This British author is no stranger to Indonesia. Hannigan first arrived as a callow young English teacher in the seething Javanese city of Surabaya. Moving on to become a fluent Indonesian speaker and freelance travel writer, he explored the country from the tip of Sumatra to the marshes of Papua, from the Java hinterlands to the far southeastern islands. The fact that he has immersed himself so completely in the life of the country makes him particularly skilled at re-creating the tactile atmosphere of a place in its historical context: the sounds and smells of harbors, wharves and trading houses; vivid physical details of the toil of laborers; the cadence of various dialects; the social ranks and privileges of colonial types; the timeless household rhythms and family cultures of the main characters, all in a language that is lively, original and daring.

To support his retelling of events, he is fond of quoting eyewitness accounts of the day in the quaint and archaic English that was in use over 200 years ago. He uses italics and punctuation to mercilessly drive home his points. A short glossary provides just enough terms for someone unfamiliar with the country to appreciate the narrative. The book is an even richer reading experience for those who have a great knowledge and understanding of Indonesian history. I missed the inclusion of an index or at least a more detailed Contents page, which would’ve made the book more useful as an historical reference.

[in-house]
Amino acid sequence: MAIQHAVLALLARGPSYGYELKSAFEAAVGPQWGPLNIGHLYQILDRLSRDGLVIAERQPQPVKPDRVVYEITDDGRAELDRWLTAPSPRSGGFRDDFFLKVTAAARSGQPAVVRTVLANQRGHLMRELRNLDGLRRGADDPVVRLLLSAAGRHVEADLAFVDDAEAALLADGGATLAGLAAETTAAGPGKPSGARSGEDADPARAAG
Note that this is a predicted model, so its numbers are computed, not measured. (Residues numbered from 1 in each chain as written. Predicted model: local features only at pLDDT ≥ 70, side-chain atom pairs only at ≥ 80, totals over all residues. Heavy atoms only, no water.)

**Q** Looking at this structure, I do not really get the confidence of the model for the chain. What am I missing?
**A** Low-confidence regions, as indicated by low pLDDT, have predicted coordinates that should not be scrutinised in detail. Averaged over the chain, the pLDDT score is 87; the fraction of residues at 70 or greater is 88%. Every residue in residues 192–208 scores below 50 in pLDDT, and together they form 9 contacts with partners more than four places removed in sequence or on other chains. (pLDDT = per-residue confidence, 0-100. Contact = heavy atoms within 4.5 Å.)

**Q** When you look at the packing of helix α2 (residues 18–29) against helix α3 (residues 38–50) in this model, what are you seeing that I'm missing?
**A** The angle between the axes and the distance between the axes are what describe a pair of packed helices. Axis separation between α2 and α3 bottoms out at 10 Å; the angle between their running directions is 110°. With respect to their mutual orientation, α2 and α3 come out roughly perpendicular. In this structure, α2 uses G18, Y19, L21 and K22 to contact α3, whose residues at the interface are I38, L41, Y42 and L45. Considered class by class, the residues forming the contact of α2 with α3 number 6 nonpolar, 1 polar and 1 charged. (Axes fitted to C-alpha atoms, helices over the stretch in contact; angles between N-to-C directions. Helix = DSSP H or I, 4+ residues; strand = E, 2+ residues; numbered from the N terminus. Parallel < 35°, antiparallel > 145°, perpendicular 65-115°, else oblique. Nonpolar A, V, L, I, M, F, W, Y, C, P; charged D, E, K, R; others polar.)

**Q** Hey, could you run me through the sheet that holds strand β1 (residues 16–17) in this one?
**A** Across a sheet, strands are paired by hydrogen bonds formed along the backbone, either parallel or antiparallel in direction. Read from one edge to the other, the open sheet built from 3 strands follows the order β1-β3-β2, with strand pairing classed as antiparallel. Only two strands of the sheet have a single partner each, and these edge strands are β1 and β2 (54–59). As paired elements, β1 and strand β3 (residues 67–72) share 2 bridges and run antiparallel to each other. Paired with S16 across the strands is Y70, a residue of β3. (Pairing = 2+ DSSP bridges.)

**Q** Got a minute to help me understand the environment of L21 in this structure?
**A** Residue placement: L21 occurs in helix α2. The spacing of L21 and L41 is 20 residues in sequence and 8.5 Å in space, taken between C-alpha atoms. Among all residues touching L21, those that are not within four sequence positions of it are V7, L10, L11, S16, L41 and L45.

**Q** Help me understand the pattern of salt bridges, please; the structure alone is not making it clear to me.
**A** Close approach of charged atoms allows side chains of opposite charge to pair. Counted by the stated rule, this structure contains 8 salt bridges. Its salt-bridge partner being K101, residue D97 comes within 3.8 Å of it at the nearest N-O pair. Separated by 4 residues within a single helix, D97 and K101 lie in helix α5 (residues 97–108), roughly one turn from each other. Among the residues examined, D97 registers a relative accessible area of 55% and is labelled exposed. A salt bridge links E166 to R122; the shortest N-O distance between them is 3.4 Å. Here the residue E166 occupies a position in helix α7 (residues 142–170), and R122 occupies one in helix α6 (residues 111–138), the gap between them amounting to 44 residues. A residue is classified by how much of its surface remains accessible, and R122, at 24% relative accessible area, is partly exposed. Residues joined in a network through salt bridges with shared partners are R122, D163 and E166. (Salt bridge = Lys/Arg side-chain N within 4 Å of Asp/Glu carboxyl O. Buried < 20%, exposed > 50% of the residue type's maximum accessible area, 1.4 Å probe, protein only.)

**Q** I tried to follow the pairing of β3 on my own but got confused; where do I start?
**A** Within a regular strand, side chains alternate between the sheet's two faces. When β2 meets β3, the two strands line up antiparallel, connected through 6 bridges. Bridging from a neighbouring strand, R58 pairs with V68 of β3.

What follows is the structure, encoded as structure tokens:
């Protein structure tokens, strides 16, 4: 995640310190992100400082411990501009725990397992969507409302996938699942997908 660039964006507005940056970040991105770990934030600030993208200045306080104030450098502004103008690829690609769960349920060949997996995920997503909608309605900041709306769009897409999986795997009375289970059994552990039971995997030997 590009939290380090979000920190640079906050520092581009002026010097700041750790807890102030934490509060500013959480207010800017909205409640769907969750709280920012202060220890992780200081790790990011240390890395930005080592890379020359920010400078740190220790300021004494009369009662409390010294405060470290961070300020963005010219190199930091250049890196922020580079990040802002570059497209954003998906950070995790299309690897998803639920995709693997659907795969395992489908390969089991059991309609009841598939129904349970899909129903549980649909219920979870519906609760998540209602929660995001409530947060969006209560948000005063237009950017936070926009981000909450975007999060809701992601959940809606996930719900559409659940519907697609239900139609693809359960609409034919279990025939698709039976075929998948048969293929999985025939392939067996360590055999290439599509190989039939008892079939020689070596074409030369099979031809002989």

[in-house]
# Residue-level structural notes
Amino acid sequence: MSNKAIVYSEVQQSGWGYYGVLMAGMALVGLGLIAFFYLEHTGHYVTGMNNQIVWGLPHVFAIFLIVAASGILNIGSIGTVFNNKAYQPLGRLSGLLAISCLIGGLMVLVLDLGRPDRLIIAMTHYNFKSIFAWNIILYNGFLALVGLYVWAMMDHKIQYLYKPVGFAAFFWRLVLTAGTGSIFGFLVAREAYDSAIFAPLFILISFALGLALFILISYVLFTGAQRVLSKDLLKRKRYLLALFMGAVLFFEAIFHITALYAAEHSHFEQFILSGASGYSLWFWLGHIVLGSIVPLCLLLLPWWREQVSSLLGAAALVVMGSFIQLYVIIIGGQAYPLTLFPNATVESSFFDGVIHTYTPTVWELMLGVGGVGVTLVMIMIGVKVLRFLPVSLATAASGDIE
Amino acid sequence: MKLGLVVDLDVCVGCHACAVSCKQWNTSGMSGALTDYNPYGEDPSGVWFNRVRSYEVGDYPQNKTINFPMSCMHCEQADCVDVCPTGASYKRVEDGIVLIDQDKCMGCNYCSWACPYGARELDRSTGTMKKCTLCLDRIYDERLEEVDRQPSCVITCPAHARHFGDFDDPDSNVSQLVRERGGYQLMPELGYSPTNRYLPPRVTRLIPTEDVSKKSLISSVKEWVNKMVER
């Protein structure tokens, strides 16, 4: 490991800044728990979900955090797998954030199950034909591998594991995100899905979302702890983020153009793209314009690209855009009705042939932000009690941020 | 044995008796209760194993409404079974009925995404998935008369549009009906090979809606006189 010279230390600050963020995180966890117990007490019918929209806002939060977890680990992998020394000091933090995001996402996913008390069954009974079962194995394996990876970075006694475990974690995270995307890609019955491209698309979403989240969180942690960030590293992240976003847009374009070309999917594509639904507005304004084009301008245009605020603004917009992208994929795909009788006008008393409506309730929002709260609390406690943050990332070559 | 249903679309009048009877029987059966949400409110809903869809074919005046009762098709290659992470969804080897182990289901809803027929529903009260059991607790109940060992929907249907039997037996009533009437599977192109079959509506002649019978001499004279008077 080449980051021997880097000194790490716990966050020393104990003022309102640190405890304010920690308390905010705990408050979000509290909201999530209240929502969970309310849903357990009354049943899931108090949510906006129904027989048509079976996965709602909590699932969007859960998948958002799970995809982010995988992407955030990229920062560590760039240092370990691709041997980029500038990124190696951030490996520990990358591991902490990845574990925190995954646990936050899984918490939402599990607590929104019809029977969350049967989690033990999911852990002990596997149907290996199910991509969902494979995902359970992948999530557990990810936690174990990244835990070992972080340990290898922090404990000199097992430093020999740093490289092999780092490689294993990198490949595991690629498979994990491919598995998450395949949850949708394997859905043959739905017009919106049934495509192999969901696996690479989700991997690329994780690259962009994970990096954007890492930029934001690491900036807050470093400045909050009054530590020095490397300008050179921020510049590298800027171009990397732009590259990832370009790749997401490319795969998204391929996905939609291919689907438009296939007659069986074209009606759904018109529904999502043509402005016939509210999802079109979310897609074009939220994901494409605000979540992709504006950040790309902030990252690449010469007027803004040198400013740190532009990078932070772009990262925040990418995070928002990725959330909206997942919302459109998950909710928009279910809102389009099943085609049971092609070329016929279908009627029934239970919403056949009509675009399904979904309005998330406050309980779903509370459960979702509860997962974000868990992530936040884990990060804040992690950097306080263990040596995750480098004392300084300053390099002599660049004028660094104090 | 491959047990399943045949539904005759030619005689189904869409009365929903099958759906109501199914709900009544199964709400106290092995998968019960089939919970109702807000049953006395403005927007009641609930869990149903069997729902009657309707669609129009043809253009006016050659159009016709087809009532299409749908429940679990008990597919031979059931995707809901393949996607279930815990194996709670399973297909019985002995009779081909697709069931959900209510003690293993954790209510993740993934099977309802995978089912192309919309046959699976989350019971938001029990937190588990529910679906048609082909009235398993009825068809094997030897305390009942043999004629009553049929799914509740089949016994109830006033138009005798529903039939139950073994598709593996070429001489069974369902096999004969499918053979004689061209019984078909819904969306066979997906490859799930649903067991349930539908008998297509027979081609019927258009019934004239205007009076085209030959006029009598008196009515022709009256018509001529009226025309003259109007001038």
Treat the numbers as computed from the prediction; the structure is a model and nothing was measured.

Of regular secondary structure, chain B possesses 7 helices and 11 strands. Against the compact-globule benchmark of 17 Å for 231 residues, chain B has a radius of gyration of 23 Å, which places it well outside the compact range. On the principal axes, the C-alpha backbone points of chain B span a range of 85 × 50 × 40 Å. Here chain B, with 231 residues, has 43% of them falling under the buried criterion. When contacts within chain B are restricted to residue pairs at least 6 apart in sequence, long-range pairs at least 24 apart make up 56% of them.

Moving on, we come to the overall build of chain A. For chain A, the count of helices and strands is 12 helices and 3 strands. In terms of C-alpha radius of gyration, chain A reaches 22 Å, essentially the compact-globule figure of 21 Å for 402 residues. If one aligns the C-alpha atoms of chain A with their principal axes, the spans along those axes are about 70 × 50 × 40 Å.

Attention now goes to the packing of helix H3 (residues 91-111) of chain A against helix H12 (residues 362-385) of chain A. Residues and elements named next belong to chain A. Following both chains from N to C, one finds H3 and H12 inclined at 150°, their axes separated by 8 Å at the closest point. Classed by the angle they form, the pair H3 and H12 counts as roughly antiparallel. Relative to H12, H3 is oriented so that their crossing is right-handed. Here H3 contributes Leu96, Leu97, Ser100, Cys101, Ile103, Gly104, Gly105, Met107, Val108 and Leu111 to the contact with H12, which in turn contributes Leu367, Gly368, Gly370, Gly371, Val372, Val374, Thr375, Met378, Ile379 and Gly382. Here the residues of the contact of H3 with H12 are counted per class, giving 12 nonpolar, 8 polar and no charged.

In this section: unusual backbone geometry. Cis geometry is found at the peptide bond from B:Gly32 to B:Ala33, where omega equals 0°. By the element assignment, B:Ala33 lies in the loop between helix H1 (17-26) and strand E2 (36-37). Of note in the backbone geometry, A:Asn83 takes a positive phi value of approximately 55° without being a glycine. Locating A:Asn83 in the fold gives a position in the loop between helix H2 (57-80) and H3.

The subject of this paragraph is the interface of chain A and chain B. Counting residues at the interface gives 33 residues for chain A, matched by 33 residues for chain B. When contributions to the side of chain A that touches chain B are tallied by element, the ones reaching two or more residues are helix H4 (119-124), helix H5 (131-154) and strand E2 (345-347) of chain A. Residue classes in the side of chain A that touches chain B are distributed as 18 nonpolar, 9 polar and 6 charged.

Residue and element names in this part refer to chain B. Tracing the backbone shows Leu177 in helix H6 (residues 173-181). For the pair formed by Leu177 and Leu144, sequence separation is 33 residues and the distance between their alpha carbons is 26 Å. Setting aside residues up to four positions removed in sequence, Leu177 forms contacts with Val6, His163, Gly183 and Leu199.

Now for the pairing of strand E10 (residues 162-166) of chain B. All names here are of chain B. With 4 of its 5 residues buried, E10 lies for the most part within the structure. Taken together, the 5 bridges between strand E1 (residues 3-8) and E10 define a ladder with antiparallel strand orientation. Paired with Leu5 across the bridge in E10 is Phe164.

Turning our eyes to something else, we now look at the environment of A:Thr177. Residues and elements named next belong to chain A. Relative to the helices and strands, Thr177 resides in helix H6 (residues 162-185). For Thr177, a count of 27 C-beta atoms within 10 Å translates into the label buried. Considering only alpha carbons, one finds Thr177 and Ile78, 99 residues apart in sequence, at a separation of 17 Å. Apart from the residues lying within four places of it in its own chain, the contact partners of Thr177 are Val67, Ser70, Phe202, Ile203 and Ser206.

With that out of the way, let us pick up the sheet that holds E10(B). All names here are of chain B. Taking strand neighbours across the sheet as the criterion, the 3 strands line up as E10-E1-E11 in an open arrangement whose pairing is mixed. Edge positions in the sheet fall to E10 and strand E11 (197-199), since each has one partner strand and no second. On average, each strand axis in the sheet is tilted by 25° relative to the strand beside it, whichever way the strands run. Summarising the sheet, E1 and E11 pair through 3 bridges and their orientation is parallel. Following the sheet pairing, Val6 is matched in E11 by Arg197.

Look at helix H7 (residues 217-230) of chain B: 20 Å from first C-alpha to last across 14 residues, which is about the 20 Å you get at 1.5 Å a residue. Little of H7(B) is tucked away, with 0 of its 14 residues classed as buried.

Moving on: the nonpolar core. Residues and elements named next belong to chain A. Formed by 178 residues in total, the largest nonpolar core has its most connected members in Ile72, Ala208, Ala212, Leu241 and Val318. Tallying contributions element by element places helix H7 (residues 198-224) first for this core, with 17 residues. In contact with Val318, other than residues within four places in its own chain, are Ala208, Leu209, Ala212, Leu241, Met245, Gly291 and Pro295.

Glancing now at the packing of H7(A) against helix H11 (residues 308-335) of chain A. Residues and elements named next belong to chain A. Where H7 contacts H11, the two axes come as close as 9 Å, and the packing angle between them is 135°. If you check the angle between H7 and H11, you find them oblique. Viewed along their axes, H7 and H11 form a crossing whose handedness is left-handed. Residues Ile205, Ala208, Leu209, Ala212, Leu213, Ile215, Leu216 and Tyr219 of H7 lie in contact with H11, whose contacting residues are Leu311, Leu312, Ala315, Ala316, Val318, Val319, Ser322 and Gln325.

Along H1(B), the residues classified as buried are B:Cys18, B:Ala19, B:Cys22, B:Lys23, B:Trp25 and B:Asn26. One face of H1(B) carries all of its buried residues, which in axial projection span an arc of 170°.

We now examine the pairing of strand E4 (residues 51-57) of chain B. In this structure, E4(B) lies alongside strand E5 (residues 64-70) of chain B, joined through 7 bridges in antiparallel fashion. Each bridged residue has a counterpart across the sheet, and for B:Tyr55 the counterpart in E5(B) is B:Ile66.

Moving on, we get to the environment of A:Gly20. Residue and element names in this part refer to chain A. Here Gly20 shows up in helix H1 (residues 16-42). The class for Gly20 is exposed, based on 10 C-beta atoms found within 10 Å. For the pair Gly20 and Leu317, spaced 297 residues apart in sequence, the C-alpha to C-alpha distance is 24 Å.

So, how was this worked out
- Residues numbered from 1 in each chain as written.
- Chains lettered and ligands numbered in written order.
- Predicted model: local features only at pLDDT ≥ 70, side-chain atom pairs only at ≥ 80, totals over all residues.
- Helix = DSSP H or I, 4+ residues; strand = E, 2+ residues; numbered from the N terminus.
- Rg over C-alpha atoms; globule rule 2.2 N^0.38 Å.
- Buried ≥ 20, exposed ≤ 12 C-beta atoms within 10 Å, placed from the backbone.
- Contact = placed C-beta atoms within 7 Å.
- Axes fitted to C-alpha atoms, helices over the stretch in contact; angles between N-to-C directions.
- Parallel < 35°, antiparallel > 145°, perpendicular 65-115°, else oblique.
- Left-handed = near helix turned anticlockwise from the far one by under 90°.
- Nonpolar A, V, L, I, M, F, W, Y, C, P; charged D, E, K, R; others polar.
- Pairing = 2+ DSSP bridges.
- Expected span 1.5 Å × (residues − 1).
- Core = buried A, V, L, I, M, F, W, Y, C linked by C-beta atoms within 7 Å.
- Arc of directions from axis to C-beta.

Exploding myth after myth and putting to rest historical speculations and misconceptions, revealing the man’s motives, deceptions, blunders and arrogance, Raffles and the British Invasion of Java deftly brings to life for virtually the first time an obscure and long forgotten period of Indonesia’s colonial history in a highly readable and fresh style. It’s seldom that history makes such wonderful reading.

Raffles and the British Invasion of Java by Tim Hannigan, Monsoon Books 2013, ISBN-978-9814358859, paperback, 368 pages, glossary, bibliography. Available for Rp189,000 at Ganesha and Periplus bookstores.